Once the post-trial motions are decided and the judgment entered, the losing party may appeal to the Federal Circuit Court of Appeals. This is the one federal appellate court in the United States that hears all appealed cases involving patent disputes. Almost all patent cases that conclude with a trial, or after a decision on summary judgment, are appealed. This is partly because the cost of an appeal is orders of magnitude less than the case up to that point (e.g., tens or hundreds of thousands of dollars vs. hundreds of thousands or millions of dollars). In addition, overall the Federal Circuit affirms in full less than 60 percent of the patent cases it decides on the merits.lxviii Thus, it is well worth it for the losing party to pursue an appeal, because overall it has a 40+ percent chance of partial or full relief from the judgment below. Of course, the reversal rate varies by the nature of the issues before the Federal Circuit and the standard of review the court applies. Legal issues (such as claim construction, summary judgment, and jury instructions) are reviewed de novo, without deference to the district court’s or jury’s decision. This makes it much more likely that the Federal Circuit will reverse a decision because it need not give any deference to the decision of the district court. Fact issues (like infringement, many aspects of validity, and damages) are reviewed on a less flexible standard (i.e., does substantial evidence support the decision), such that the Federal Circuit (like the district court) is not free to substitute its own judgment for that of the jury. Evidentiary rulings, and other issues associated with how the trial was conducted are reviewed under the least flexible standard of review—abuse of discretion. It is rare that the Federal Circuit finds that a district court abused its discretion.lxix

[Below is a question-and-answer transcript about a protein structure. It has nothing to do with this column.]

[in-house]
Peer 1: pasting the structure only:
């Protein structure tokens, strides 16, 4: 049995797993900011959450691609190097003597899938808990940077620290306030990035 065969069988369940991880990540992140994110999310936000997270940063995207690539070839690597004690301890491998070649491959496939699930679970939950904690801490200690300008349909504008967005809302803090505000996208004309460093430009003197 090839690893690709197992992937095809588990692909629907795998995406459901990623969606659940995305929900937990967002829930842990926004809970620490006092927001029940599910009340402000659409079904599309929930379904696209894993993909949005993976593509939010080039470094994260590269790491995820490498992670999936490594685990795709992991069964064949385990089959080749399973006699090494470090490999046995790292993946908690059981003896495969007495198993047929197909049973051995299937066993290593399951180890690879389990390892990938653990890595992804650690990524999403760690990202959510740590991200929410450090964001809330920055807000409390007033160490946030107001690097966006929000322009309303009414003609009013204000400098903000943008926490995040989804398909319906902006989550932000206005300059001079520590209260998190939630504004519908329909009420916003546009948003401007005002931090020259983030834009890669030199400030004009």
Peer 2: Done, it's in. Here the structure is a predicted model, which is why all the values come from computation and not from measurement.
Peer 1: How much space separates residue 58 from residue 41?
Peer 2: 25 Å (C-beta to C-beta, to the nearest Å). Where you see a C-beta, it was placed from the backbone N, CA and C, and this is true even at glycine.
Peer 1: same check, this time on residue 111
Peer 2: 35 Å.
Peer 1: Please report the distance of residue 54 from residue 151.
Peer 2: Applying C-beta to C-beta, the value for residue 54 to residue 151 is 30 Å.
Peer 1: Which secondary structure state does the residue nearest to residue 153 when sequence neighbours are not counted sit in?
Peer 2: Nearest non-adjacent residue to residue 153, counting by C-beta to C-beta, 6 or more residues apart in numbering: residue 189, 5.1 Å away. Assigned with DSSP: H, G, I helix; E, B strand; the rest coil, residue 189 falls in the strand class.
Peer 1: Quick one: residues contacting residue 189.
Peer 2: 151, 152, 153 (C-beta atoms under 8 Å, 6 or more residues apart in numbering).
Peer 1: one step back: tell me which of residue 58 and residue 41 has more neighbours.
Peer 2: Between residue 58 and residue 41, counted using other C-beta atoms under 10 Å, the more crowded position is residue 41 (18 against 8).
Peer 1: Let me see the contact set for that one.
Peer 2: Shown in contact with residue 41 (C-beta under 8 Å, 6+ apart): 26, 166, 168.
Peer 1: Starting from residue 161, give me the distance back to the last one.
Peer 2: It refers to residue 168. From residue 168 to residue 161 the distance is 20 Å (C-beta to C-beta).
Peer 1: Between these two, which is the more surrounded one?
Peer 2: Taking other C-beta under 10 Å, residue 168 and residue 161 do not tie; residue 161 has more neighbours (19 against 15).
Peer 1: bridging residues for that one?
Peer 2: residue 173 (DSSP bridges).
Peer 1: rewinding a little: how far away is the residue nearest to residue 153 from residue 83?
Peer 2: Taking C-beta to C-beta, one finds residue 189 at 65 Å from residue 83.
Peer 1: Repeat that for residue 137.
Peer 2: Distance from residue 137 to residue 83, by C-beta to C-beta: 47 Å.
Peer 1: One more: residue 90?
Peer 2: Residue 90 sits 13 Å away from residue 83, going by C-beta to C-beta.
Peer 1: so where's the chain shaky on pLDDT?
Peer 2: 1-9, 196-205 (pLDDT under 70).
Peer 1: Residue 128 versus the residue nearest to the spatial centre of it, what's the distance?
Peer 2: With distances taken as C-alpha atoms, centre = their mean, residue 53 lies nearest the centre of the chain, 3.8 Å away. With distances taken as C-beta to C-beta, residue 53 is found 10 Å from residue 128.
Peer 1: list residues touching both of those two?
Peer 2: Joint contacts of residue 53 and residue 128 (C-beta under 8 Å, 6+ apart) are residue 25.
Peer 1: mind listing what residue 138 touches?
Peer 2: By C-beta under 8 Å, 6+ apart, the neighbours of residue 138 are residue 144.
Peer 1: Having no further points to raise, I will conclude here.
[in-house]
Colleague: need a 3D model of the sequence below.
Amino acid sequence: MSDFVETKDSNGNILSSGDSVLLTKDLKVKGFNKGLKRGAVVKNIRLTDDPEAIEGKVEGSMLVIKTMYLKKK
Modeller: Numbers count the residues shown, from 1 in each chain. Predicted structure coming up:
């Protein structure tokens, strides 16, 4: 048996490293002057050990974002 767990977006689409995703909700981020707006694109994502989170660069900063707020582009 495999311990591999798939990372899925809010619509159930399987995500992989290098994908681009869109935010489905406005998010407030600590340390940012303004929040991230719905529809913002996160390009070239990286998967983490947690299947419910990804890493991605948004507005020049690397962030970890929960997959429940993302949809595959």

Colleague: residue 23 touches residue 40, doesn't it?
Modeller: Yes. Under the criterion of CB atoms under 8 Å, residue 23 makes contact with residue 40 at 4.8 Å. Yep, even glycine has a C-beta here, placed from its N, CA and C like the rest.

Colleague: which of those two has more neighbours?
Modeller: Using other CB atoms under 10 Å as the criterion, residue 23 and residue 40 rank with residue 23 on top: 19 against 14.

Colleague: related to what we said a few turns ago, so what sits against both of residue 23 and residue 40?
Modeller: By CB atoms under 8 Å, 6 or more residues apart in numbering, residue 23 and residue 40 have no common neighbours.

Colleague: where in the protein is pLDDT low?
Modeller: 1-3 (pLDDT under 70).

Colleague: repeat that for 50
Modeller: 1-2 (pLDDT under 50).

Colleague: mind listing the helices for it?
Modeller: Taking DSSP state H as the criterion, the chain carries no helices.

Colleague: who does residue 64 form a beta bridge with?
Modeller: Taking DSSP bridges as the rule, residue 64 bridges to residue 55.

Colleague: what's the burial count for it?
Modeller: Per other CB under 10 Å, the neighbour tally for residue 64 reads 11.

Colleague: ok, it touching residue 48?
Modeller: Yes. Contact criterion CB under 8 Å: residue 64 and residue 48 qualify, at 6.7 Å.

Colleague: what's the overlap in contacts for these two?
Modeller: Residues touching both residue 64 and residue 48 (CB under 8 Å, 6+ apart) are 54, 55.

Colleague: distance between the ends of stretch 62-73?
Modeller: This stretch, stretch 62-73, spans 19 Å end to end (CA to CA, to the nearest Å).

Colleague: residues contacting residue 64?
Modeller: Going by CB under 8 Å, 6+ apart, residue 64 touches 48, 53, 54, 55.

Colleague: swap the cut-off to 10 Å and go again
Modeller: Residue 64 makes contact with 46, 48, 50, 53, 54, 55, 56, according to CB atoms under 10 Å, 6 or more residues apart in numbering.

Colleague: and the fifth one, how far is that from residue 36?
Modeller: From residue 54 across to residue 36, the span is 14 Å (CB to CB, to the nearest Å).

For example, the Federal Circuit reverses claim construction decisions at a rate nearly twice as high as decisions without claim construction issues (32 percent vs. 18 percent).lxx It is not surprising, then, that most appeals to the Federal Circuit focus at least in part on claim construction as a basis for the appeal.

Appeals at the Federal Circuit are usually resolved within 18–24 months. Oral argument is usually scheduled within a year, depending on how much time the parties take to file their appeal briefs. Oral argument is requested and granted in almost all patent appeals. The argument occurs in the Federal Circuit courthouse in Washington, D.C., before a panel of three judges, although yearly the Federal Circuit travels to other cities to hear arguments at local law schools, which allows students, local practitioners, and the public to attend more easily. The parties are typically given 15 minutes per side to make their arguments, and after the argument, the court renders a written decision within 3–6 months.

Footnotes

  • lxviii http://www.patentlyo.com/files/caseload_patent_infringement_affirmance_and_reversal_rates_2001-2010.pdf.
  • lxix For a deeper understanding of appellate standards of review in patent cases, see Michel, Paul R., Circuit Judge, CAFC, “Appellate Advocacy—One Judge’s Point of View, The Federal Circuit Bar Journal, Vol. 1, No. 2, Summer 1991 (makes analogy to baseball and is readable).
  • lxx Ted Sichelman, Myths of (Un)Certainty at the Federal Circuit, 43 Loy. L.A. L. Rev. 1161 (2010). Available at: http://digitalcommons.lmu.edu/llr/vol43/iss3/27.